Module 10: Figure stimulus intensity and spine Ca2+ responses
Effect of varying stimulus intensity on Ca2+ responses in single spines or neighbouring dendrites.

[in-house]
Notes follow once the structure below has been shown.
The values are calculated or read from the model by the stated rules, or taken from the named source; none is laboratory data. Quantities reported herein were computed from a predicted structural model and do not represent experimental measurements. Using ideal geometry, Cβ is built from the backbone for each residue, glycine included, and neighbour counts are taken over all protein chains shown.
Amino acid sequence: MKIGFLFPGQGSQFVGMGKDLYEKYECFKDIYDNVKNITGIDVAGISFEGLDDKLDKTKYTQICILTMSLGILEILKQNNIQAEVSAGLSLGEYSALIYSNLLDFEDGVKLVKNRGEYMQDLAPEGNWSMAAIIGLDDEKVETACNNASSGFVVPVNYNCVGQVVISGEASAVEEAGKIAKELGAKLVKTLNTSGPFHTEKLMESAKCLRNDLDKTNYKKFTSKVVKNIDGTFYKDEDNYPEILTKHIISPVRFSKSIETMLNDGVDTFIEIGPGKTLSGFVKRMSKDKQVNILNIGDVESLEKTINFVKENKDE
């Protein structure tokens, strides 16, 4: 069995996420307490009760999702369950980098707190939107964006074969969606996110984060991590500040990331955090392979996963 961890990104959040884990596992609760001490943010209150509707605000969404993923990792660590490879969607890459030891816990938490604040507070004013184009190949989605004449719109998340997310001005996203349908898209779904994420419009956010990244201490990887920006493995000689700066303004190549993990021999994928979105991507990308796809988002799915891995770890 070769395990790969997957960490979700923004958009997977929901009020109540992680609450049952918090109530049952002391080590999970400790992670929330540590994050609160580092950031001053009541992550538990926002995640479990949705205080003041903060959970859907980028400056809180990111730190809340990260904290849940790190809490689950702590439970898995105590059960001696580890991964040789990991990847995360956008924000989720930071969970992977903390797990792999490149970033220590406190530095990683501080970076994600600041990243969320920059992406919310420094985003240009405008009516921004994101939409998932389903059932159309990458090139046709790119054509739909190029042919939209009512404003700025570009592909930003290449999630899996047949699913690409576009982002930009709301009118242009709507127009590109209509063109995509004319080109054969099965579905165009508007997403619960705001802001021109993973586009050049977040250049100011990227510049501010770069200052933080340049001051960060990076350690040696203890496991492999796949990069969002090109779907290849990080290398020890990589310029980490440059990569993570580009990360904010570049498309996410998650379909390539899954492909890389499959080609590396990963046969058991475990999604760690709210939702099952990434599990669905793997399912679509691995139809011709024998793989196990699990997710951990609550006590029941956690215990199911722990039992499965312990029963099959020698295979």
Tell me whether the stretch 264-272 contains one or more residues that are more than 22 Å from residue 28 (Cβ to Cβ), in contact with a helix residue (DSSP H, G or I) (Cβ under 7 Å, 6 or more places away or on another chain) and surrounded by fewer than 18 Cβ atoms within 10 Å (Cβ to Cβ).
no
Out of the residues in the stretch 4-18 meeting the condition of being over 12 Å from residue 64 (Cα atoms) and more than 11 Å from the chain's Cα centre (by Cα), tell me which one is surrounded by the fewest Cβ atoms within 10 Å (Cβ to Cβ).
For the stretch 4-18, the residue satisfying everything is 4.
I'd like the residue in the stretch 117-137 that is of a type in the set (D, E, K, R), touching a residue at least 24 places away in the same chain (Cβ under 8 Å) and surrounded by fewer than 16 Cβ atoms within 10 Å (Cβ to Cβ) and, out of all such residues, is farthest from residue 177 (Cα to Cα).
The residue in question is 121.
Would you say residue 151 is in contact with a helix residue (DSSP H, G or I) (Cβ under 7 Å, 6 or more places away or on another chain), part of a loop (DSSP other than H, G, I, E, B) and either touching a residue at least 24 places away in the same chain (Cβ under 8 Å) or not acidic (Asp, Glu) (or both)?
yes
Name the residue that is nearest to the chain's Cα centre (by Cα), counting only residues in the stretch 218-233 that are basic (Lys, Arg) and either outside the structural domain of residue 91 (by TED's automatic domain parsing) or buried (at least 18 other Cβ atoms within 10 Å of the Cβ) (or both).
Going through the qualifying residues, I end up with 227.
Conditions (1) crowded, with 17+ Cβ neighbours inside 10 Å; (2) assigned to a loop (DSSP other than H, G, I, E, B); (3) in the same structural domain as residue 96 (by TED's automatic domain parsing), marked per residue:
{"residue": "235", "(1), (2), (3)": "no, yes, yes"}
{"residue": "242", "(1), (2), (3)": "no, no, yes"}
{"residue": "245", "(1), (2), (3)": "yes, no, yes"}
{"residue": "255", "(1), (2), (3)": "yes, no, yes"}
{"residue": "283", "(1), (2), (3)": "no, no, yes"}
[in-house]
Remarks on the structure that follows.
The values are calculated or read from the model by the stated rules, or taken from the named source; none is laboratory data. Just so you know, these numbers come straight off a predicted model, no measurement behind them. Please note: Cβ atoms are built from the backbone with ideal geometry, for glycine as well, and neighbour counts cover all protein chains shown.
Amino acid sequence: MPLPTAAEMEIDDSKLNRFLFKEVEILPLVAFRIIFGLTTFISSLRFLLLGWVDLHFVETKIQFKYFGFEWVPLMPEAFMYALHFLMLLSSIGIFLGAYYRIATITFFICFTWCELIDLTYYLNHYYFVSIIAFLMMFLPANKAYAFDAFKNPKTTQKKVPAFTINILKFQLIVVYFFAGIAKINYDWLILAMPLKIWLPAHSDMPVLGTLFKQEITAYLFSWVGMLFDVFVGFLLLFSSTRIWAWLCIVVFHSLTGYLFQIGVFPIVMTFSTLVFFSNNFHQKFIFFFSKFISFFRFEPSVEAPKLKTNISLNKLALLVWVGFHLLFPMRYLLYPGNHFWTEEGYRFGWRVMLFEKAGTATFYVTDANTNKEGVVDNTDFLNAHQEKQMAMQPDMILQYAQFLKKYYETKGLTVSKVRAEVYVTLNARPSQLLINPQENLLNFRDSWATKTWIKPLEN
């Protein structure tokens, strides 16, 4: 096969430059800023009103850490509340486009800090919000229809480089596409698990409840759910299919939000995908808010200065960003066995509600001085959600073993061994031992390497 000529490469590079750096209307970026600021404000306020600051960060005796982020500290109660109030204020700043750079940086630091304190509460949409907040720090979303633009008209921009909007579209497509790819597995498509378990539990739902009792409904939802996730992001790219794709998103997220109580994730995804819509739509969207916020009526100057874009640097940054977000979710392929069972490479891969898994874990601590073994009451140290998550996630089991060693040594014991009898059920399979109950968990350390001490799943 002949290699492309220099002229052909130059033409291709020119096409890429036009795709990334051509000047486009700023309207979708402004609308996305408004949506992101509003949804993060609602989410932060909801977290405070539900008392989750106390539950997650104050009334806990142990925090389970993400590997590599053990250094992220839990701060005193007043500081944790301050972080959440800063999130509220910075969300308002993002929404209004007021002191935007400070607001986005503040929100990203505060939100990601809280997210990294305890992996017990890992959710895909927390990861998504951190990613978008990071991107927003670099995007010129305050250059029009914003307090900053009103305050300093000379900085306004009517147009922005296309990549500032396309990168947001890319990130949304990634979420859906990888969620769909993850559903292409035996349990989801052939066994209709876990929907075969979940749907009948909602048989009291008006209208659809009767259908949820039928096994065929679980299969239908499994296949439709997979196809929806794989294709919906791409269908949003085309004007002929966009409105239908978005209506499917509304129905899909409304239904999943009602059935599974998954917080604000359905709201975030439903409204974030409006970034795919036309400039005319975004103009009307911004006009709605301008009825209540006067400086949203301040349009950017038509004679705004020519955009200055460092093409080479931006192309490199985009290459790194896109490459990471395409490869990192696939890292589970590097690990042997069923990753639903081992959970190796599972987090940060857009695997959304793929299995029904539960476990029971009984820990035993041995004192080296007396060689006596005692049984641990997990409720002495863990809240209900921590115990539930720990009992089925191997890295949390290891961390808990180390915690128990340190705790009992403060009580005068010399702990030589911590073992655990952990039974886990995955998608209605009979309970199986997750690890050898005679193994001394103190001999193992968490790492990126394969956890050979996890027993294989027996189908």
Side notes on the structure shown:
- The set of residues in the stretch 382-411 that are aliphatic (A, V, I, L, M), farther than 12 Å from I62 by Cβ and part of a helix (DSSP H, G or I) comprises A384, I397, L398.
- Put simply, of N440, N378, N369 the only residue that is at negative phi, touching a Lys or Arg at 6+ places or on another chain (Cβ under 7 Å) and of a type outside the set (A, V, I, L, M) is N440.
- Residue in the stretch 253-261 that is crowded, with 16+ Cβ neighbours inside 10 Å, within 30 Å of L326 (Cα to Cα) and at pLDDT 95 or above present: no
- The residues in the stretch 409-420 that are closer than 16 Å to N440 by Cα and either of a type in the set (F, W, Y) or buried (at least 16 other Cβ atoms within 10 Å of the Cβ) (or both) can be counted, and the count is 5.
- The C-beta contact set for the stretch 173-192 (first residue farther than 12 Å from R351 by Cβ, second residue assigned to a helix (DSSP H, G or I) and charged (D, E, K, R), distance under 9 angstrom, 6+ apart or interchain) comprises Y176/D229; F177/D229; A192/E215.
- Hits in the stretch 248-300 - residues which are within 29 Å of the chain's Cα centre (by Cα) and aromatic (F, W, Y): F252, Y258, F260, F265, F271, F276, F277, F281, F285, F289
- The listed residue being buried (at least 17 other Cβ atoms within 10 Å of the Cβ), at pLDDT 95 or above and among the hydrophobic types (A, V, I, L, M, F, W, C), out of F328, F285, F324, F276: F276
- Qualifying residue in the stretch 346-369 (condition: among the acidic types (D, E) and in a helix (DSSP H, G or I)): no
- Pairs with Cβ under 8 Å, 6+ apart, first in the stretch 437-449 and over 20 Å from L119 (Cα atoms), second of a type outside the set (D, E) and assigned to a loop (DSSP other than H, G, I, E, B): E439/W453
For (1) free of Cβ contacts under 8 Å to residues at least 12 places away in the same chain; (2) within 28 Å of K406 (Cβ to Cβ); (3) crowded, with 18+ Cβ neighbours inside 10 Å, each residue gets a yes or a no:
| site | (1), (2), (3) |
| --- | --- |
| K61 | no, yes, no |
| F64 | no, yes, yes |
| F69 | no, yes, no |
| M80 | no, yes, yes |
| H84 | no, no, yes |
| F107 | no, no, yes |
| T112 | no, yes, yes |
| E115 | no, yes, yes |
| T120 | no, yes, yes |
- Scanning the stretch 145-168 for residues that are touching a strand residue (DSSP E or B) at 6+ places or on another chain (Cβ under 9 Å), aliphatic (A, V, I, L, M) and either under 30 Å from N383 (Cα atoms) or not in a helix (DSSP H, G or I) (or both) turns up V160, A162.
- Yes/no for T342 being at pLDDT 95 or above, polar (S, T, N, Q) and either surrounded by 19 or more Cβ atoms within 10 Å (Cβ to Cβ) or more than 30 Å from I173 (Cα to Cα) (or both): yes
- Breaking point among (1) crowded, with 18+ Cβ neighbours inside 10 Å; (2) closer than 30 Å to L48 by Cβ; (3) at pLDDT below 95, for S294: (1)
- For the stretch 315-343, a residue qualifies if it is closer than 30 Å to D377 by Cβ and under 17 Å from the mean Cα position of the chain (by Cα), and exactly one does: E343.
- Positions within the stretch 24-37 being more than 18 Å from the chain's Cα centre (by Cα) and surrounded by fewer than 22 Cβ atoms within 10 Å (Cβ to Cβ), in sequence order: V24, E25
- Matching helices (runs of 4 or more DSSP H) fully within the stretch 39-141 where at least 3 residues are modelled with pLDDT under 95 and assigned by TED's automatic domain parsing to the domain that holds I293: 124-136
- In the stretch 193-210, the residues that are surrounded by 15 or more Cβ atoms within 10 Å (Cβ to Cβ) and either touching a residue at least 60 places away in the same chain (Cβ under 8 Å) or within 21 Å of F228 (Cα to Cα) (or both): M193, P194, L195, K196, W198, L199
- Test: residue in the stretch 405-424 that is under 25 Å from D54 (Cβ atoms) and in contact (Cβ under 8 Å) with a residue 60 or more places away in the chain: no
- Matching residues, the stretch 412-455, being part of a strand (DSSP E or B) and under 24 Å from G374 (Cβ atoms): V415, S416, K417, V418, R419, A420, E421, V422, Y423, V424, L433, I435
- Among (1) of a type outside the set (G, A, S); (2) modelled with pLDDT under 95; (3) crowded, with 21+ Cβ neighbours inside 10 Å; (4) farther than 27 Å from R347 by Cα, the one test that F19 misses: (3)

If the parallel fibres are stimulated at low frequencies (10 Hz), a Ca2+ signal appears in the spine after a latency of 200 ms; it reaches a peak after a further 260 ms, but there is no response in the dendrites. The slow response is caused by the time taken for glutamate to act on the metabotropic glutamate 1 receptors (mGluR1) to generate inositol 1,4,5-trisphosphate (InsP3), which then releases Ca2+ from the internal store. At higher stimulation intensities (20 Hz), the spine response was larger, and some Ca2+ appeared in the dendrite. When stimulated at 50 Hz, glutamate activated the α-amino-3-hydroxy-5-methylisoxazole-4-propionic acid (AMPA) receptors sufficiently to induce an excitatory postsynaptic current (EPSC) that depolarizes the membrane sufficiently to open voltage-operated channels (VOCs) to give an early Ca2+ spike that develops with a short delay of 7 milliseconds. This early signal due to Ca2+ entry (the grey shaded area) was then followed by a much larger signal as the slower developing InsP3-dependent release of Ca2+ began to appear. Reproduced by permission from Macmillan Publishers Ltd: Nature, Takechi, H., Eilers, J. and Konnerth, A. (1998) A new class of synaptic response involving calcium release in dendritic spines. 396:757–760. Copyright (1998); http://www.nature.com; see Takechi et al. 1998.